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Differentiate sin^2x

by strokebow
Tags: differentiate, sin2x
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strokebow
#1
May7-07, 08:56 AM
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How do you differentiate the likes of (sinx)^2

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cristo
#2
May7-07, 08:58 AM
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Use the chain rule. Let u=sinx, then you need to find d/dx(u^2).
Hootenanny
#3
May7-07, 09:05 AM
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Alternatively, you can recall / derive the power reduction formulae such as;

[tex]\sin^2\theta = \frac{1 - \cos 2\theta}{2}[/tex]

These are especially useful when integrating such functions.

Curious3141
#4
May7-07, 10:17 AM
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Differentiate sin^2x

Quote Quote by Hootenanny View Post
Alternatively, you can recall / derive the power reduction formulae such as;

[tex]\sin^2\theta = \frac{1 - \cos 2\theta}{2}[/tex]

These are especially useful when integrating such functions.
Differentiating, not integrating.
Gib Z
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May7-07, 05:06 PM
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I Think Hootenanny was in fact intended to use that to simplify the differentiation, if I'm reading his last sentence correctly >.<...Well anyway It doesn't really help very much because we still have to use the chain rule on the cos 2theta.
Hootenanny
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May8-07, 03:33 AM
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Quote Quote by Gib Z View Post
I Think Hootenanny was in fact intended to use that to simplify the differentiation, if I'm reading his last sentence correctly >.<...Well anyway It doesn't really help very much because we still have to use the chain rule on the cos 2theta.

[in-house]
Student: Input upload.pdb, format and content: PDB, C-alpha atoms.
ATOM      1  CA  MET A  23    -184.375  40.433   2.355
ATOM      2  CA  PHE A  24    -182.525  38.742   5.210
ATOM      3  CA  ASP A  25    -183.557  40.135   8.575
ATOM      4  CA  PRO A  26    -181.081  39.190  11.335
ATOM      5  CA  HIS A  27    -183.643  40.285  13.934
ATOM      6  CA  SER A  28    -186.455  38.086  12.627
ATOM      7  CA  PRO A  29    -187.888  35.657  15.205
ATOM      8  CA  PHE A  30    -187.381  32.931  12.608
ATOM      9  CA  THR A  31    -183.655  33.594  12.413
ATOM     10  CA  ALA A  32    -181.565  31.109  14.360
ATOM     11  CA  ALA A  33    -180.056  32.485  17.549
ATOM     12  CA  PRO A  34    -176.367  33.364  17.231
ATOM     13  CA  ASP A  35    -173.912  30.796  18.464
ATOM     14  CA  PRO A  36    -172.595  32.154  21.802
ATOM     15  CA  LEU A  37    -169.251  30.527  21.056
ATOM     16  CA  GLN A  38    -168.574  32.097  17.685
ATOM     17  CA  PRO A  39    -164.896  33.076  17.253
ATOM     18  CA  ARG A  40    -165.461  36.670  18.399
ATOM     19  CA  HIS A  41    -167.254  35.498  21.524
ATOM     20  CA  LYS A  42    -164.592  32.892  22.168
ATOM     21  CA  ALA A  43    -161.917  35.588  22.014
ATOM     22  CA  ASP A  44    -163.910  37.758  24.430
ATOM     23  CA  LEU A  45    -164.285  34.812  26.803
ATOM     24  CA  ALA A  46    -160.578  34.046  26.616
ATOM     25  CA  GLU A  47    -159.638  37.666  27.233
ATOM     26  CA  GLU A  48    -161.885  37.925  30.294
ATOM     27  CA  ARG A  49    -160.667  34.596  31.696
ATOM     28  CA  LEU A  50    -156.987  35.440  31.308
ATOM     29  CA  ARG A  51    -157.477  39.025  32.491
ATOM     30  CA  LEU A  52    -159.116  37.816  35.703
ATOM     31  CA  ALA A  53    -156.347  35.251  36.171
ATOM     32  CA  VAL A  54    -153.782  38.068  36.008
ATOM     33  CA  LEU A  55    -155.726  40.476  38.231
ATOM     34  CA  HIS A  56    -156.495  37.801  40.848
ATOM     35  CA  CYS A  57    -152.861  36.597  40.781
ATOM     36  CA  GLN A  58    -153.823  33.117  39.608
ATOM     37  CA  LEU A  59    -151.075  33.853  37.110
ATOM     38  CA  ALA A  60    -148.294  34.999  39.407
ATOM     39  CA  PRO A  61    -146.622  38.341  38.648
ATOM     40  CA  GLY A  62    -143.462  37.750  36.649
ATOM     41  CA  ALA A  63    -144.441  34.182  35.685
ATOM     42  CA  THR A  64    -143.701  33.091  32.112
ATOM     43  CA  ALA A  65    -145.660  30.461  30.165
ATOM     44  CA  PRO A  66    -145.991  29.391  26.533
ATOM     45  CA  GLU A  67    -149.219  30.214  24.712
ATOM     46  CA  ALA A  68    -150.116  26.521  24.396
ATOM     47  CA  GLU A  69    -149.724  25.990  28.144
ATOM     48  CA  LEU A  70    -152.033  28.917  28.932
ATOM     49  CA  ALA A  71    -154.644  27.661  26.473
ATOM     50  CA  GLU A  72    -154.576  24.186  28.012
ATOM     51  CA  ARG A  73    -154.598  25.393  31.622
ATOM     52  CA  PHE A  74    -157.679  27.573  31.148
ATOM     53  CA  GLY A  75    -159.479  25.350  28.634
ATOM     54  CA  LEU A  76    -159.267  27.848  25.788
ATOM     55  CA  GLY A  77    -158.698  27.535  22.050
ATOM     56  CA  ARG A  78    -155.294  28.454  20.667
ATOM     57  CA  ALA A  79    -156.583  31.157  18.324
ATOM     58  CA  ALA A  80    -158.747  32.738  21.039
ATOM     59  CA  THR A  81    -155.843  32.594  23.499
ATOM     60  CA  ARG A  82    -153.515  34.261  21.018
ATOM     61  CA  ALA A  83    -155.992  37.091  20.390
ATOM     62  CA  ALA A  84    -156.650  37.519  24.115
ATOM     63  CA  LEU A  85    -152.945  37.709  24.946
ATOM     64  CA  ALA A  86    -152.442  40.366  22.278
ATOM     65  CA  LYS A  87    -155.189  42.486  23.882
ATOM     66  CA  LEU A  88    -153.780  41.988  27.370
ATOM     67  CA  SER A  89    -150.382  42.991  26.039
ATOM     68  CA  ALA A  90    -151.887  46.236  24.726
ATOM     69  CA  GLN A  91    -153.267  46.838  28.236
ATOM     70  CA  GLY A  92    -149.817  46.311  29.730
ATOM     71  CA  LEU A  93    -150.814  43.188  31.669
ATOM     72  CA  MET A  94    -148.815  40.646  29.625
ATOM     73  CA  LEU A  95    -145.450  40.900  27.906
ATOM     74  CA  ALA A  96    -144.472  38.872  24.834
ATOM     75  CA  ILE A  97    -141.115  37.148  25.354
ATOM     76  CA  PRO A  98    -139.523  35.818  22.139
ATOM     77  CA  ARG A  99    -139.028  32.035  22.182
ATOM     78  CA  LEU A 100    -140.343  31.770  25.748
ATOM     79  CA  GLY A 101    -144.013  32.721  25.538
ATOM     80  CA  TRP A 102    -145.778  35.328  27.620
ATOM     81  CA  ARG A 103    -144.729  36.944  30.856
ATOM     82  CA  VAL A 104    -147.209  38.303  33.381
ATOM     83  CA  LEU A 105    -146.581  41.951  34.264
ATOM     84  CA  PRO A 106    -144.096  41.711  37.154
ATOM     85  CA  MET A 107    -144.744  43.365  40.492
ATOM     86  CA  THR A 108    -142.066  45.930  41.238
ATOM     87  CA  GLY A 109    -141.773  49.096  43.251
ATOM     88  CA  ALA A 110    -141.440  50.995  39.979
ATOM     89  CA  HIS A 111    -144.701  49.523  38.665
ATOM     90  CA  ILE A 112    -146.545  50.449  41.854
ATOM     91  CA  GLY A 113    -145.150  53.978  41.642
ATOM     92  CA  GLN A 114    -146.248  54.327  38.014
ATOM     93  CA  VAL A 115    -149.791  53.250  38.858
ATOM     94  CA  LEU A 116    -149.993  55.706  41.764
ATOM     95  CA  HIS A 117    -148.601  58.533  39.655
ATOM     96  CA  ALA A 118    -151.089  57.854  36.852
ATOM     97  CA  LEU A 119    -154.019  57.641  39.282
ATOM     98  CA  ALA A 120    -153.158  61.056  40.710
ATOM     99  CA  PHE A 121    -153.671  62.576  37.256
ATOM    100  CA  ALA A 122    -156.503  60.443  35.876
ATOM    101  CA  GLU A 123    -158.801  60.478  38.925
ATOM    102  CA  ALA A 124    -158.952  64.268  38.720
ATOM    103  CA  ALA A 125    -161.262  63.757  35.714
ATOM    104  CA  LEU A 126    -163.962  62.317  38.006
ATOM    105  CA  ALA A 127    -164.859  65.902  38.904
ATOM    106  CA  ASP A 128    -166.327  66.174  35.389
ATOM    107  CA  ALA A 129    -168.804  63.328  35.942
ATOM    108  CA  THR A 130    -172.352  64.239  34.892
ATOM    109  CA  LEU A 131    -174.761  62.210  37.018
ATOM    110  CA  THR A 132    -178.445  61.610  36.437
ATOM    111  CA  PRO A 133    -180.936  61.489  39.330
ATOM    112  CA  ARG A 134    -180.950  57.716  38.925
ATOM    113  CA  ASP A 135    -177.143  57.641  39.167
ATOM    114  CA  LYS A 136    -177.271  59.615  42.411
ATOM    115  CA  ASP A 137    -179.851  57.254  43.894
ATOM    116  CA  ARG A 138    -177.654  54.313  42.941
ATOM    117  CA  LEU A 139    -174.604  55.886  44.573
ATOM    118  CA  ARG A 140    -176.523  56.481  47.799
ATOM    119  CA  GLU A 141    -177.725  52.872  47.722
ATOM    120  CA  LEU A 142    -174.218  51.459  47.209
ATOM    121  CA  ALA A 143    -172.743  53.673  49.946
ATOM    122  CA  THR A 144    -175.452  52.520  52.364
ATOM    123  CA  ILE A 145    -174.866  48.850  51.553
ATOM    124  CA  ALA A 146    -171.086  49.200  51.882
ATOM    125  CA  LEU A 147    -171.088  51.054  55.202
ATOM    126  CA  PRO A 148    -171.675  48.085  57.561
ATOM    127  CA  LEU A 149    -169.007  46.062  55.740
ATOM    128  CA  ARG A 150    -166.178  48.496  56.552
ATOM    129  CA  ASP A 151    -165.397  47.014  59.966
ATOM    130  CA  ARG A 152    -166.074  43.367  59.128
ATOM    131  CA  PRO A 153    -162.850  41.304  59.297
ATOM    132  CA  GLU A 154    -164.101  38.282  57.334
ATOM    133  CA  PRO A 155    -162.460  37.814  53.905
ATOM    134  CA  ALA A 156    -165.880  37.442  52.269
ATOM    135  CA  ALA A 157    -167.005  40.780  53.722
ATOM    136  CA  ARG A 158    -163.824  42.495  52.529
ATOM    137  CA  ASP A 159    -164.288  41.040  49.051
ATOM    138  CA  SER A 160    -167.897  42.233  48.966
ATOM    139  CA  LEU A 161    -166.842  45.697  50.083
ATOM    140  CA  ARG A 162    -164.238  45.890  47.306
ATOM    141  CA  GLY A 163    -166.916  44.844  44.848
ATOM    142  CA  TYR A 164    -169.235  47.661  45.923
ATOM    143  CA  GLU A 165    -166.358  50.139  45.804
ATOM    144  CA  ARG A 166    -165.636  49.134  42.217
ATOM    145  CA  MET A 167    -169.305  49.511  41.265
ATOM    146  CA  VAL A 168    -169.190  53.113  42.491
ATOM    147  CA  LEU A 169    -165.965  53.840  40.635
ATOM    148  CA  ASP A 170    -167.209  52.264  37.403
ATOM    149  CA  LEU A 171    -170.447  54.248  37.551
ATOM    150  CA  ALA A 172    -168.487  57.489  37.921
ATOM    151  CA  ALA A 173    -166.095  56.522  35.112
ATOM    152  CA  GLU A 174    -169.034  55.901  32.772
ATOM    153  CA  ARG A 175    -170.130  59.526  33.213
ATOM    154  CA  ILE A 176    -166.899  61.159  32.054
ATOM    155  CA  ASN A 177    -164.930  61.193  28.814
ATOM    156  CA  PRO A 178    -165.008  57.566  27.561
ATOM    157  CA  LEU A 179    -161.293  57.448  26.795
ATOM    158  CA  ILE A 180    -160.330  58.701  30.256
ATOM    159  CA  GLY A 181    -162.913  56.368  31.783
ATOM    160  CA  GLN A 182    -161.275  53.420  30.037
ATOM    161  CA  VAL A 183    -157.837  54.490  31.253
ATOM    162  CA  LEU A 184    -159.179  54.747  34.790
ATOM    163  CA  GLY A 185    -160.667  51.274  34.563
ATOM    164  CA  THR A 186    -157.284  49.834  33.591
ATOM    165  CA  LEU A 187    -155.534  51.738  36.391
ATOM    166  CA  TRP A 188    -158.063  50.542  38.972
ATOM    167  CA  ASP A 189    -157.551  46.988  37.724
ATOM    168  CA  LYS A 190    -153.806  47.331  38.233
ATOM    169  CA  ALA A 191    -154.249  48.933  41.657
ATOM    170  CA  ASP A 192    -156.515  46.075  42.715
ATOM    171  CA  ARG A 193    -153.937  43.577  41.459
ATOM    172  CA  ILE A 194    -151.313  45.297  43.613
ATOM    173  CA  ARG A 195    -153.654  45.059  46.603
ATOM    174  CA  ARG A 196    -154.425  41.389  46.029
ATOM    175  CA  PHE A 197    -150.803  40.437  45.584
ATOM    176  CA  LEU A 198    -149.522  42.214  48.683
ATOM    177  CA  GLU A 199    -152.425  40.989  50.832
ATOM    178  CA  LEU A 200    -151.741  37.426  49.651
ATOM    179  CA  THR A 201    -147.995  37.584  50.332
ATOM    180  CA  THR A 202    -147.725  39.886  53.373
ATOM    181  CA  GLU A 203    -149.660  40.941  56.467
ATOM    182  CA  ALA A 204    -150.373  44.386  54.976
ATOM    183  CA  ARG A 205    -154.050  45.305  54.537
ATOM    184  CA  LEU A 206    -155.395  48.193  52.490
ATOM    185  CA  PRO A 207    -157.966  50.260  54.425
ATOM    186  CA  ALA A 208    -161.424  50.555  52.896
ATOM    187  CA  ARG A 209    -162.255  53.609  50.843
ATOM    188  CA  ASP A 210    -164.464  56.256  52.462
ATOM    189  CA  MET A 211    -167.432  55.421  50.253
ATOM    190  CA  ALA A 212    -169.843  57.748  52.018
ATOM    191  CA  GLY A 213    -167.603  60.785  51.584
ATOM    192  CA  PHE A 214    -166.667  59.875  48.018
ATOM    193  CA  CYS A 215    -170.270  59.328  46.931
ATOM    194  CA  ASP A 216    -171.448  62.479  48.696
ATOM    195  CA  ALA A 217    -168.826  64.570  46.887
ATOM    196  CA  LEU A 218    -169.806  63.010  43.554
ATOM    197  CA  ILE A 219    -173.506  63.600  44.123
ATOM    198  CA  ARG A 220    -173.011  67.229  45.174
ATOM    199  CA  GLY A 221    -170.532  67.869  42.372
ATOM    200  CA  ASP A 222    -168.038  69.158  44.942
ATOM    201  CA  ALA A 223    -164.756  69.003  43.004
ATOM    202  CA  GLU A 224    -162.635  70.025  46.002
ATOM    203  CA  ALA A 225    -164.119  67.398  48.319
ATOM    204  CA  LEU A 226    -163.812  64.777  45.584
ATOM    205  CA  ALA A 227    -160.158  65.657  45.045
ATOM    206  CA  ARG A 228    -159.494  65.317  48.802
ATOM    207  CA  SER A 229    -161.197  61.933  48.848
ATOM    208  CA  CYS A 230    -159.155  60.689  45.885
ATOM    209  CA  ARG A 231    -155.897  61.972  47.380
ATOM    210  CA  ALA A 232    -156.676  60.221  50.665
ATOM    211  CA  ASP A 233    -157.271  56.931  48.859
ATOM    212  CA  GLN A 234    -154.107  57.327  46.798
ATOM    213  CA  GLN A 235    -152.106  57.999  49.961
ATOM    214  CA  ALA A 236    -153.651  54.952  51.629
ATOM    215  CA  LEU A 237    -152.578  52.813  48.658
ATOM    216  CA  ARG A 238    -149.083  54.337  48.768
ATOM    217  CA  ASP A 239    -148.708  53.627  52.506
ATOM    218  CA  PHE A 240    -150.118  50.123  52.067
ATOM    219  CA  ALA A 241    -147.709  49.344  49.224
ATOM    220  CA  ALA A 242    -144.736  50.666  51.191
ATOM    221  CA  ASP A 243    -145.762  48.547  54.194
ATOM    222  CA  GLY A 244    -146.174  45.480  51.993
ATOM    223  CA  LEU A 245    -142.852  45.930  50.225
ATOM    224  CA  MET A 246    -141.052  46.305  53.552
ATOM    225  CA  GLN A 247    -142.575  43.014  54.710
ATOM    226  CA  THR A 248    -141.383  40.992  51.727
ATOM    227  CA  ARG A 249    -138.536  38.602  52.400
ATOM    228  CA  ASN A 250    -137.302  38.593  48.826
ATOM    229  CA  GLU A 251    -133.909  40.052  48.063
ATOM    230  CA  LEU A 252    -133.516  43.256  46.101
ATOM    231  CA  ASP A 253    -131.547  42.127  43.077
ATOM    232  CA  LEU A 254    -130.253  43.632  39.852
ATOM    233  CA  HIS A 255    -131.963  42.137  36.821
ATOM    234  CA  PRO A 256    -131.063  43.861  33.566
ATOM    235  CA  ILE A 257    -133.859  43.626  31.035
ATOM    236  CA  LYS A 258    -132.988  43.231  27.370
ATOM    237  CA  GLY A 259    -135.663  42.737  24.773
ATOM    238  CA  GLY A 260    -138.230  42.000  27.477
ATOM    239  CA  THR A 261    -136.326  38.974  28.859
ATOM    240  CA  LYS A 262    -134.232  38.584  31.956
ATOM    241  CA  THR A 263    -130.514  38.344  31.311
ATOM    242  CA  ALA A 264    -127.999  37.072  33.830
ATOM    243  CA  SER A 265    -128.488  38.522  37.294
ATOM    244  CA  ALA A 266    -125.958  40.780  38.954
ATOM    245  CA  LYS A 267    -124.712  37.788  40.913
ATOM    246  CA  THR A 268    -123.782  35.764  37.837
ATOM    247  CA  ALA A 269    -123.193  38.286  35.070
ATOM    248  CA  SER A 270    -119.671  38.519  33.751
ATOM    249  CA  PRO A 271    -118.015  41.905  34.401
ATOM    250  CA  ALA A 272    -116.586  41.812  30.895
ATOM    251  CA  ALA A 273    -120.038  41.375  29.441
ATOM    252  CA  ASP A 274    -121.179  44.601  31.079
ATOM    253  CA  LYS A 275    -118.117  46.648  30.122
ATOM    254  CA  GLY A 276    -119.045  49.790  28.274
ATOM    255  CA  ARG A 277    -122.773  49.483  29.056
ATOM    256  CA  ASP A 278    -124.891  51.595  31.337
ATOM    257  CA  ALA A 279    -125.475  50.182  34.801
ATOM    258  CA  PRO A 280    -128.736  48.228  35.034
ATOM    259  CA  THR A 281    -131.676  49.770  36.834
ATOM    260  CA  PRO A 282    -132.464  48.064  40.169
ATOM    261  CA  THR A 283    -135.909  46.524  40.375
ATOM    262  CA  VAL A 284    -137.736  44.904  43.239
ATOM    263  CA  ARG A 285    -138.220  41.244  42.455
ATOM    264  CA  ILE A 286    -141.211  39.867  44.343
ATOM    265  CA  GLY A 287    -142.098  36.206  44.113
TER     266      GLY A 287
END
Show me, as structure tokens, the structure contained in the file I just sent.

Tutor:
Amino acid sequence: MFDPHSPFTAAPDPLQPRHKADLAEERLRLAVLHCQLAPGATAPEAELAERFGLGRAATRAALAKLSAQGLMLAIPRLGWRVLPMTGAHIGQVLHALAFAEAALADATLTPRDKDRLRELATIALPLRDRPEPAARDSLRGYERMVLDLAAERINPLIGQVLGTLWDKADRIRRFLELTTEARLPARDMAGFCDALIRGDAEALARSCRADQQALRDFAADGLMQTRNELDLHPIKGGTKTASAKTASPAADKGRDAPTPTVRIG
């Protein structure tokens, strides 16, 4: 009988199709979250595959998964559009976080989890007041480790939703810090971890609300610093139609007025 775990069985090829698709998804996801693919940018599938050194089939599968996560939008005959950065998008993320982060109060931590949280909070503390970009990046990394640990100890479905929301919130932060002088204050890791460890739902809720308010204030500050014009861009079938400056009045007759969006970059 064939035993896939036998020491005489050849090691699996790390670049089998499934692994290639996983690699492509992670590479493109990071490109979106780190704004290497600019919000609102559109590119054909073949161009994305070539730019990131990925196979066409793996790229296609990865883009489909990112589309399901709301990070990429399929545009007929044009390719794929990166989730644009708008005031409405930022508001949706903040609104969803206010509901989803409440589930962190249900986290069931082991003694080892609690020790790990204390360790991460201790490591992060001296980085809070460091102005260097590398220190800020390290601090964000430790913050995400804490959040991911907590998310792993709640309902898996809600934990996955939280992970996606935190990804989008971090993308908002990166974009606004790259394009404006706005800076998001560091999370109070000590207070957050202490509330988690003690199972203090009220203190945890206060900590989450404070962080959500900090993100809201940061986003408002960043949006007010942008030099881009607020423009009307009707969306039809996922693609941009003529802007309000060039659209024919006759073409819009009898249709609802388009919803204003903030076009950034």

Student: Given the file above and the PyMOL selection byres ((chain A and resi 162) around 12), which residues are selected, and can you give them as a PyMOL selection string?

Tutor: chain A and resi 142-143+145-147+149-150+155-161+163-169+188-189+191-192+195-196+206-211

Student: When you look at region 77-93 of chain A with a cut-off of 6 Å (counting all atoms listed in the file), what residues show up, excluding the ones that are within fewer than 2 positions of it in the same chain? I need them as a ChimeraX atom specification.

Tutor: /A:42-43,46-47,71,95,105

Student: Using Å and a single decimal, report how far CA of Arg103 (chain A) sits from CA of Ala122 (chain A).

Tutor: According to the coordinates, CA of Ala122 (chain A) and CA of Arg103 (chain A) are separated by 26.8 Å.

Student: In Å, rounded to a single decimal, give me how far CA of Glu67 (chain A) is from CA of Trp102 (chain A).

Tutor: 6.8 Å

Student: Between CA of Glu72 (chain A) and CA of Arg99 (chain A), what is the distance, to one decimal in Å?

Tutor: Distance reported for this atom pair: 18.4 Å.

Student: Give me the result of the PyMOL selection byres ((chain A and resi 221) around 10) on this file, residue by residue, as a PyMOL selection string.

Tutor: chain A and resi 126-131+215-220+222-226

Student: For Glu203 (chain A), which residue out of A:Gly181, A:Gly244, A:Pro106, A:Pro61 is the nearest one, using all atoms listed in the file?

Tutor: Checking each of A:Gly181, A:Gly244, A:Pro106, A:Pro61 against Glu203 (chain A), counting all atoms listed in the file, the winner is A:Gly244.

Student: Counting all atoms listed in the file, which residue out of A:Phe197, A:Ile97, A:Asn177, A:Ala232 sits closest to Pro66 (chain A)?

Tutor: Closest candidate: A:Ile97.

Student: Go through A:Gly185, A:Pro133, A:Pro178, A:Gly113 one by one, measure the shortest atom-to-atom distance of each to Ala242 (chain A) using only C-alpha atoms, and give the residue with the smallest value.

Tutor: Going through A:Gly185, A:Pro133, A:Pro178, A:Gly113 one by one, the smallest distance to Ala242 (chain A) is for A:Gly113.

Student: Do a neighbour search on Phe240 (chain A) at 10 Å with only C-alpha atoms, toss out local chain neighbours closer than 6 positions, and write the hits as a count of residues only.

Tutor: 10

Not at all, I meant that the formulae are useful for differentiation, but more so for integration. It is true that to differentiate you may have to use the chain rule for both forms but I find it easier to remember that;

[tex]\frac{d}{dx}\sin(ax) dx = a\cos(ax)[/tex]

[tex]\int \sin(ax) dx = -\frac{1}{a}\cos(ax) + C[/tex]

Rather than remembering the results for the sin2x etc. In any event applying the chain rule to something of the form sin(ax) is somewhat simpler than applying it to something of the form sin2x don't you think?
Gib Z
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May8-07, 03:39 AM
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Not always, usaully one would like an answer without double angled arguments, so they would have to know the expansion of cos(2theta) which isn't as easy as bringing a power down times the derivative of sin x.
Hootenanny
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May8-07, 03:47 AM
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Quote Quote by Gib Z View Post
Not always, usaully one would like an answer without double angled arguments, so they would have to know the expansion of cos(2theta) which isn't as easy as bringing a power down times the derivative of sin x.
Fair point perhaps, but I've never come across a case where a single angle argument is preferable to a double angle. In any case, the double angle form is certainly much easier to integrate.
Gib Z
#9
May8-07, 04:29 AM
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Of course there all equivalent, but I always prefer putting my answers in terms in single angled arguments. In the end it makes very little difference, maybe 5 seconds working time.
DAKONG
#10
May8-07, 10:50 AM
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= 2sinx cosx
= sin2x
fblade
#11
May9-07, 05:59 PM
P: 2
Quote Quote by DAKONG View Post
= 2sinx cosx
= sin2x
ditto..


w00t 1st post :P
Office_Shredder
#12
May9-07, 06:08 PM
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Let's try not to get into a 12 page debate on the merits of single vs. double angle final form solutions


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